Moral: Avoid extravagance !

  4. k8 says:

    thanks for posting this, and your description of all the shit around you as a “burdensome” nailed it. I just bought and moved into a house and am dealing with the same feelings. Bought the book, and not following it to the letter (like most) but feeling exhilarated by what I am chucking.

  5. Dj says:

    I LOVE to purge!! I am a goddamn expert!! Too small–out. Too meemaw– out! Stains? Out. Impulse buy that is utterly ridiculous? Out! Out! Out! I love looking at drawers with three or four items in them. I only buy capsule wardrobes (thank you Pinterest). Not chic? Out. Old dated jewelry? Out..took a handful of old genuine gold jewelry to a jeweler friend and in exchange got a fab diamond bangle. That’s it. All I wear. Power is the word. A tangible lightness. My sister has 8 navy sweaters, 9 brown sweaters,7 black sweaters all over 20 years old. She cringes when I say out! Go for it!!

  6. Sally says:

    Have you begun folding clothes Marie Kondo style? Thrilling. My drawers are like bento boxes, I can’t believe how clean inside I feel. I found “how to” instructions on youtube, stick with it once you work it out you’ll get what I mean, promise.

  7. David Duff says:

    For God’s sake, Sis, don’t send that book to the ‘Memsahib’! I can just see her staring at me with a speculative expression . . .

  8. Steph says:

    I’m just going to burn my goddamn house down, self-help books and all.

  9. Sister Wolf says:

    Bevitron – You are too well-adjusted for me to comprehend, although I too love a nice toilet roll.

    Muscato – Oh god, the books. A fucking nightmare. However, my Fiesta ware does actually bring joy, so that’s a lucky break!

    Sardonique – Whew, I thought someone was going to lose their hands.

    k8 – Yep, amazing how exhilarating it is to get rid of things….much moire pleasure than when we first acquired them.

    dj – Wow, you are really advanced at this shit!!!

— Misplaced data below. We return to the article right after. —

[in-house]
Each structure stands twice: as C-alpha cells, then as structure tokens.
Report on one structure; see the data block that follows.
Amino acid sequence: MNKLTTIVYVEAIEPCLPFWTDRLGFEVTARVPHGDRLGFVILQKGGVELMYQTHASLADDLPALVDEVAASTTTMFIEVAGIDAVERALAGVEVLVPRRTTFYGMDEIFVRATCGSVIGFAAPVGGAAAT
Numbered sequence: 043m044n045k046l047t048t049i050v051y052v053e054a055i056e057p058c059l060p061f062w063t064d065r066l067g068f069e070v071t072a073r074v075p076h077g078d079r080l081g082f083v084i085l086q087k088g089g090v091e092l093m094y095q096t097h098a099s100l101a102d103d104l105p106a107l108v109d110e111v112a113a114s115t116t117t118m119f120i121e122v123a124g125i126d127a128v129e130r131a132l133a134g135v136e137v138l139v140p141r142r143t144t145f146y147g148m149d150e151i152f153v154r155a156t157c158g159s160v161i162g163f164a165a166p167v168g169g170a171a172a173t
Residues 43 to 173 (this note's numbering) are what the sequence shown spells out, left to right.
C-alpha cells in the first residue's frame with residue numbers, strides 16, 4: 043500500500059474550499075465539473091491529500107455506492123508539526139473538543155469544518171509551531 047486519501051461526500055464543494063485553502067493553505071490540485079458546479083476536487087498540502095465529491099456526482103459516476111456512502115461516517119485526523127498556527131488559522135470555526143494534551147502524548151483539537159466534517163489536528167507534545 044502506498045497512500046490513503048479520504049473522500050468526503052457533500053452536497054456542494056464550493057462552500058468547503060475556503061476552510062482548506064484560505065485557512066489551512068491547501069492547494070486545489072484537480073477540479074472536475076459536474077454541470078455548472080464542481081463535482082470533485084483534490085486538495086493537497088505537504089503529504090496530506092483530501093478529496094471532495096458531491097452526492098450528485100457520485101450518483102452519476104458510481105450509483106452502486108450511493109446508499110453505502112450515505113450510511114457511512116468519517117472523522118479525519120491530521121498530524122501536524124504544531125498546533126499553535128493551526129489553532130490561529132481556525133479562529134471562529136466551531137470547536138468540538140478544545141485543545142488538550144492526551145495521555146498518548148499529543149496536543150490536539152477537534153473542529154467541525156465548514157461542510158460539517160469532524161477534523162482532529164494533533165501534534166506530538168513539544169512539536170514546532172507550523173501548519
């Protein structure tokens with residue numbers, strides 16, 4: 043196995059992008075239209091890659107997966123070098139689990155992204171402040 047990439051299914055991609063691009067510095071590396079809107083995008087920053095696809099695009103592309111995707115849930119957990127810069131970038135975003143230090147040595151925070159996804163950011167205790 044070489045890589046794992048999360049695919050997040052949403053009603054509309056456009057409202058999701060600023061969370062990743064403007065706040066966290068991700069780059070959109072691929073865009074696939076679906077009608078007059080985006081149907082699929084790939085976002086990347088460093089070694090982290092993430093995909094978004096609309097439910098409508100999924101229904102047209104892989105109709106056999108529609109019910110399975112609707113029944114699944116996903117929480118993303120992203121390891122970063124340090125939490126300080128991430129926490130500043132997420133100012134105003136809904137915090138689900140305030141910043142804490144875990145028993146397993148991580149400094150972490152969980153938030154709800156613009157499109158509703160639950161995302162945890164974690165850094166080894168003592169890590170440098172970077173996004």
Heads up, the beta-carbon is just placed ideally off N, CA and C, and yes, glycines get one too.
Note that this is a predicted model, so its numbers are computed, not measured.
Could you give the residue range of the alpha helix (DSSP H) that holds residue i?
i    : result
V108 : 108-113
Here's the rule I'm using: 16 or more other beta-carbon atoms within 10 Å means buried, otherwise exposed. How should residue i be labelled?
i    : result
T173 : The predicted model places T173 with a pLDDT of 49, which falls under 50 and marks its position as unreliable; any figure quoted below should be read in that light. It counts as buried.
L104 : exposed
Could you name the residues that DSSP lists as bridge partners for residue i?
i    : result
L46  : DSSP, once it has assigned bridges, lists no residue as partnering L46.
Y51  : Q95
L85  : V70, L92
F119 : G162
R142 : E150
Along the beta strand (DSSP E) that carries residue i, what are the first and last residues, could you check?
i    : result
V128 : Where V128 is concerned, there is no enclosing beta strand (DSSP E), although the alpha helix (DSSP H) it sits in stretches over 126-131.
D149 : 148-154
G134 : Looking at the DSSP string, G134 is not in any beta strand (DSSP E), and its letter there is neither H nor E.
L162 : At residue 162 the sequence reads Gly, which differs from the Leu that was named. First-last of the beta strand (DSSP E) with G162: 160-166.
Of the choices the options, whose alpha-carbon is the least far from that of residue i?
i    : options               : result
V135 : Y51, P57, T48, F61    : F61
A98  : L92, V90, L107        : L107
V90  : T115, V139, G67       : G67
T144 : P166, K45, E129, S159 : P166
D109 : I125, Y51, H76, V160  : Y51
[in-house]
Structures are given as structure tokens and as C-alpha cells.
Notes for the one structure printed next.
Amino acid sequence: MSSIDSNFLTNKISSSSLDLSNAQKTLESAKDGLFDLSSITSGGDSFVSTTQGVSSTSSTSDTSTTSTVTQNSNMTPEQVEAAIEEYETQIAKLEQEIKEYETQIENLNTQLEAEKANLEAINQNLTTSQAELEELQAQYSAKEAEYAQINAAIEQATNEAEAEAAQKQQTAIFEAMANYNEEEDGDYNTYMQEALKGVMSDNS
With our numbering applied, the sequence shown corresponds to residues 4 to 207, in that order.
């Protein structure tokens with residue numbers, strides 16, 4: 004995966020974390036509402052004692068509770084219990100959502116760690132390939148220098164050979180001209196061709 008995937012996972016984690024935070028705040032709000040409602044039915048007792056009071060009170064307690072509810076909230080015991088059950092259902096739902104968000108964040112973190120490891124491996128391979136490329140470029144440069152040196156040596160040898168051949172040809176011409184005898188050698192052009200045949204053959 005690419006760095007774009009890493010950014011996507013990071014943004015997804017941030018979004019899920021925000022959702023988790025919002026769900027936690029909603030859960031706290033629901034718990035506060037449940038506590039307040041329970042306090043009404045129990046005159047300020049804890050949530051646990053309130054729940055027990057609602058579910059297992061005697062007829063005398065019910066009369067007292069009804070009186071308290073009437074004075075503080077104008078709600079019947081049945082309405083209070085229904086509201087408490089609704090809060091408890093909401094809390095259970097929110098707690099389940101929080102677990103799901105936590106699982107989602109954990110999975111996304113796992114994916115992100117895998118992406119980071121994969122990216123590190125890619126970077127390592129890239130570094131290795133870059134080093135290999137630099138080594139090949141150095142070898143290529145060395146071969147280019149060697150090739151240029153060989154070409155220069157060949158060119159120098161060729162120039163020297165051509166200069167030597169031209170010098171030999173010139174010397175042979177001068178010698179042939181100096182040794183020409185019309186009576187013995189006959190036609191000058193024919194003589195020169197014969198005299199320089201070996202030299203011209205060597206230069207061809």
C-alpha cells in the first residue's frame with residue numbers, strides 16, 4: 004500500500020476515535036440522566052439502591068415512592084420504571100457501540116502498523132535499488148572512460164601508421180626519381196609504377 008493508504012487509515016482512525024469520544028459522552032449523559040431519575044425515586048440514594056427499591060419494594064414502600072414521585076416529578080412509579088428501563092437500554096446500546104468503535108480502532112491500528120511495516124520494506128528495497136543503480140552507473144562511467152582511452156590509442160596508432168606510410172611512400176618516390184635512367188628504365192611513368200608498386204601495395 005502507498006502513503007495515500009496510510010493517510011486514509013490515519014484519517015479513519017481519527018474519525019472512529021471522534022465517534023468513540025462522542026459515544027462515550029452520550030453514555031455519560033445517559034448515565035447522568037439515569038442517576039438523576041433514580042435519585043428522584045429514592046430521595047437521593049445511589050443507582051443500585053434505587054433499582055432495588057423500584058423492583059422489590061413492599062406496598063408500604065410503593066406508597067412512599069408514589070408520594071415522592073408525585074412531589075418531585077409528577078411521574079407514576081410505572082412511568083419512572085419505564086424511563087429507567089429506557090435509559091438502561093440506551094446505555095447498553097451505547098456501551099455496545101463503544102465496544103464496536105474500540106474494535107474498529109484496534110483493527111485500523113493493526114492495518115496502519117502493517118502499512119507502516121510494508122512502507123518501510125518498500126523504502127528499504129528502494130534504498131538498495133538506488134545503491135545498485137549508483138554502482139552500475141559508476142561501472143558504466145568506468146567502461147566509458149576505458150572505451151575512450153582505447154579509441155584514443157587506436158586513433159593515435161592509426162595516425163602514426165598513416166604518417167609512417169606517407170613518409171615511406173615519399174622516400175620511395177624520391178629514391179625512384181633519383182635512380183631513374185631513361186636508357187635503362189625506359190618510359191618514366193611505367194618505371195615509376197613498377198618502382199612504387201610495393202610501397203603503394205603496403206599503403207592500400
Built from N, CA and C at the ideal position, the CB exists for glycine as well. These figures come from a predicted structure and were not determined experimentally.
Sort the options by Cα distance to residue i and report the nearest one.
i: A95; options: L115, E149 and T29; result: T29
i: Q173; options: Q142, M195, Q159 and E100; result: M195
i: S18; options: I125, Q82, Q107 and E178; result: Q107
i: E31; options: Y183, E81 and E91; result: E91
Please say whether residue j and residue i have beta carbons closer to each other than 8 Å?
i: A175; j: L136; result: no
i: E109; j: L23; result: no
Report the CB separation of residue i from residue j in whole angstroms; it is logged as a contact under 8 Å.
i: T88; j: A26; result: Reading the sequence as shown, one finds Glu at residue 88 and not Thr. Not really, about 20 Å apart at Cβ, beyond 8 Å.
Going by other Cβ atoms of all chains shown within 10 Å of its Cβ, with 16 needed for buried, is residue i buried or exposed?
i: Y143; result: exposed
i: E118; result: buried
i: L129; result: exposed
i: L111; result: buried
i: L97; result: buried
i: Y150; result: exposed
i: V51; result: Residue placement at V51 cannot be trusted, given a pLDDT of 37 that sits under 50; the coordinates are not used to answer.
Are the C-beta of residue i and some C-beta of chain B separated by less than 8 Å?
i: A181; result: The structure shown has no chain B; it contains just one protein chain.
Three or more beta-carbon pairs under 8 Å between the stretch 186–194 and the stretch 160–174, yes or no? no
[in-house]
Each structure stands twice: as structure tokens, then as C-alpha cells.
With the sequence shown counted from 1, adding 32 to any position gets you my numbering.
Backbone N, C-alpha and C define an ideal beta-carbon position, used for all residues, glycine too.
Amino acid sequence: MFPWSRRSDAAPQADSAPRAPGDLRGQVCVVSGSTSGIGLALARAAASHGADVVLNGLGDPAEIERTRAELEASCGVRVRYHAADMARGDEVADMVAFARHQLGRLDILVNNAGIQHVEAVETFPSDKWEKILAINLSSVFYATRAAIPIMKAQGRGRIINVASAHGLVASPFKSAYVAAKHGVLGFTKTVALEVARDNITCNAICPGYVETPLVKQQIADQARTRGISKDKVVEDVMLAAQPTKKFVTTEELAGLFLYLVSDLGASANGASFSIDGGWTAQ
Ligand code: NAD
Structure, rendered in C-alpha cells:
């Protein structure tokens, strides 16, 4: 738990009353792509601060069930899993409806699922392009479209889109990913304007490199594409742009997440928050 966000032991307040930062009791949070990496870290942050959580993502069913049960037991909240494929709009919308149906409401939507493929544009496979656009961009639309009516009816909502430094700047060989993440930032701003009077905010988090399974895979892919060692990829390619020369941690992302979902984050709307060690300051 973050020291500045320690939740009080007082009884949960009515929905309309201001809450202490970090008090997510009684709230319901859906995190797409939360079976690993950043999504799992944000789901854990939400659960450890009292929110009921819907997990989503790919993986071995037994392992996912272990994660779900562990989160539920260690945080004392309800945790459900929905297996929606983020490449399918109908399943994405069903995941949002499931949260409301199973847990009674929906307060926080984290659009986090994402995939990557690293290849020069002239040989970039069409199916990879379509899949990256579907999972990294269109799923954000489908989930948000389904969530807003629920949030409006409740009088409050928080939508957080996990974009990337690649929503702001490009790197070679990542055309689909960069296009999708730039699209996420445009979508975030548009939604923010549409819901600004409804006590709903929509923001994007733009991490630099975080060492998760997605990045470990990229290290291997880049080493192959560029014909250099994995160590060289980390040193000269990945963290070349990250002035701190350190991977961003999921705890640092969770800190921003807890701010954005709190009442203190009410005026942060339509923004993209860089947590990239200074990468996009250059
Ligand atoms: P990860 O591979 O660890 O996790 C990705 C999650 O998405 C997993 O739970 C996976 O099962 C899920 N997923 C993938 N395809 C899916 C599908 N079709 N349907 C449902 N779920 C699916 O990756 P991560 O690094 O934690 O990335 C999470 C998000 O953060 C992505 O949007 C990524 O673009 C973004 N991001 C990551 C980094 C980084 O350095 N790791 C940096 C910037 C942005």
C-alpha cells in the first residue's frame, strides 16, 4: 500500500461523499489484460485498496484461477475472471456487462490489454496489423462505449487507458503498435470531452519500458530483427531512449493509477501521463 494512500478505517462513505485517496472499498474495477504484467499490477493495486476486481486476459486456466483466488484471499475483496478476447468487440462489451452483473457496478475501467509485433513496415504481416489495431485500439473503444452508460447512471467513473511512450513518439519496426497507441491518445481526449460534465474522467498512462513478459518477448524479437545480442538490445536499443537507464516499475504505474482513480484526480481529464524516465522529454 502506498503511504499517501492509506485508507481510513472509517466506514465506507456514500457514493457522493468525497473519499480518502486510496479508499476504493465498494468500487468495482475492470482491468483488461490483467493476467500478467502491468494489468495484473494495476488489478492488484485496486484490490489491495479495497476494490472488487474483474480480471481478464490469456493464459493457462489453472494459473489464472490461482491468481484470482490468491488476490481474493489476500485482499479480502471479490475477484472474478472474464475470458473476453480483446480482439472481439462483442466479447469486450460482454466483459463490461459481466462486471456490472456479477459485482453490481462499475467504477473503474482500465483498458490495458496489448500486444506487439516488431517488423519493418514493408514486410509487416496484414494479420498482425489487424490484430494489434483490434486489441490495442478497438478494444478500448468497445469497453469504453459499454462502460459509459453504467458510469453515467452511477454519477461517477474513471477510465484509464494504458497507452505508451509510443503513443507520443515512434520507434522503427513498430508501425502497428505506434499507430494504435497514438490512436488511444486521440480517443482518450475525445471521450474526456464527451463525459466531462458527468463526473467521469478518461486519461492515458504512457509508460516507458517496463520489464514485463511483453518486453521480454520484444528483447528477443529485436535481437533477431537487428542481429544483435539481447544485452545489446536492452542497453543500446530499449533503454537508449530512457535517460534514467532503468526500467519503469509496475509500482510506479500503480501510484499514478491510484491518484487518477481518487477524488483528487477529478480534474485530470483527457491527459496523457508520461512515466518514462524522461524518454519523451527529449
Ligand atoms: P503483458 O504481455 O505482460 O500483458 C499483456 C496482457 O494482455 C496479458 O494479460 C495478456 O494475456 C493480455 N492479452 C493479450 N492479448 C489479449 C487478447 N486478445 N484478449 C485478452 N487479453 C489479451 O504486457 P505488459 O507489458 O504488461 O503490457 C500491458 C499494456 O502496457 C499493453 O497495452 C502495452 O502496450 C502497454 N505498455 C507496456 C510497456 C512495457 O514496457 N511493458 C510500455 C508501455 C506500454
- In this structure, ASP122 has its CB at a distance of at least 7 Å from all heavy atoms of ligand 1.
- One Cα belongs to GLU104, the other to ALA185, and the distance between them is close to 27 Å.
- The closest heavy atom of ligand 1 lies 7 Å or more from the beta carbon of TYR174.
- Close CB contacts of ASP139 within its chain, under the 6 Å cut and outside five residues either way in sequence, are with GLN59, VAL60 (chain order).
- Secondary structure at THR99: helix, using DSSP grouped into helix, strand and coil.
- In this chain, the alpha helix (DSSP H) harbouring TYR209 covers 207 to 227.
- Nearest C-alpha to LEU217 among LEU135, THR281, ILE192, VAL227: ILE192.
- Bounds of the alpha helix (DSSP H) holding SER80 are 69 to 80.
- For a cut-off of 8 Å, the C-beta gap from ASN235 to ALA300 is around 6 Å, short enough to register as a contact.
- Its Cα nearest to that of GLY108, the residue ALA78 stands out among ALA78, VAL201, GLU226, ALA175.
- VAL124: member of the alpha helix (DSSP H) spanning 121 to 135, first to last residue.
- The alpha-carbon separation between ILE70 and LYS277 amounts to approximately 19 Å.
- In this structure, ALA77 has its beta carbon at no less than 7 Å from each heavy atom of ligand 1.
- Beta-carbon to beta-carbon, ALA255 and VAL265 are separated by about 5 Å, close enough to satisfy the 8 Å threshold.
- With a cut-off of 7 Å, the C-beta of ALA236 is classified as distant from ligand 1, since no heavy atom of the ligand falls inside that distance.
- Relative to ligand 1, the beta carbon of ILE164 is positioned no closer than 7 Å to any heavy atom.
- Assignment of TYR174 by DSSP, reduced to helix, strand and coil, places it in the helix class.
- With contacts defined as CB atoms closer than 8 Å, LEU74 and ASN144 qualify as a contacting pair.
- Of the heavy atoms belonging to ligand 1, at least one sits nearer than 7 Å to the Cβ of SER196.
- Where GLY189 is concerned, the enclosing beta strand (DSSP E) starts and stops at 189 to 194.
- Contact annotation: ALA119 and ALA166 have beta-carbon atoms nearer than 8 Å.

Sally – I have seen the folding, it’s like origami and I plan to try it!

    David – You may have to revoke her internet privileges if you don’t want her to find out about this.

  10. Suspended says:

    Marie Kondo, how totally and utterly fucking dull. Why would you fold everything into the size of postage stamps just so you had to iron it again before you wore it? I fucking hate ironing and I don’t live in Portaloo sized house, so I fail to see the point of Marie Kondo.

  11. Kyly says:

    I’ve ordered the book. I’m waiting patiently (where are you book, it feels like months!?). This really seems to be a major movement at the moment, and rightly so. It’s all this consumerism clouding our better judgement and minimal lives just begging to be dug out. I am being held hostage by all my stuff. I also live in a shoe box, so it doesn’t take a lot to feel that way. My now whittled down closet is bringing me a lot of joy, I’m having such trouble succeeding in the same way with my home though. I one day aspire to be like Dj earlier in these comments. All hail Dj!

  12. Sister Wolf says:

    Steph – YES! Write THAT book, it could be a best seller and so much easier too.

    Suspended – Well, the folding is a little what we once called anal-retentive, remember?? But maybe you haven’t surrounded yourself with crap you wish you could throw away? Piles of crap, I’m talking about.

    Kyly – You know, I think a lot of people actually resent their ‘stuff’ – forget about not bringing joy. I resent it because I want to be the boss of it, not the other way around. I agree, Dj is an inspiration!

  13. Brandie Mcnemar says:

    Love this post! Best thing I have read this morning! I have all these struggles, real world problems!! I have been into a self help read, The Thriving Woman’s Guide to Setting Boundaries by Kim Buck. It’s actually an amazing read and I find that I can get things done without them becoming a terrible burden just by being able to say no and not be everyone’s everything. It’s so freeing and I can’t imagine why I couldn’t figure this stuff out years ago!

  14. Gina says:

    This book changed my life. I used to love purging my possessions, but I realized that purging just to strut around with the least stuff didn’t make sense. What does make sense is keeping only what I love. Granted, some items are purely serviceable, but if I must have a potato peeler, than it’s going to be one that does the job and doesn’t cause hand cramps!

  15. Penny says:

    If you need motivation, I find this site pretty great…

Leave a Reply

Your email address will not be published. Required fields are marked *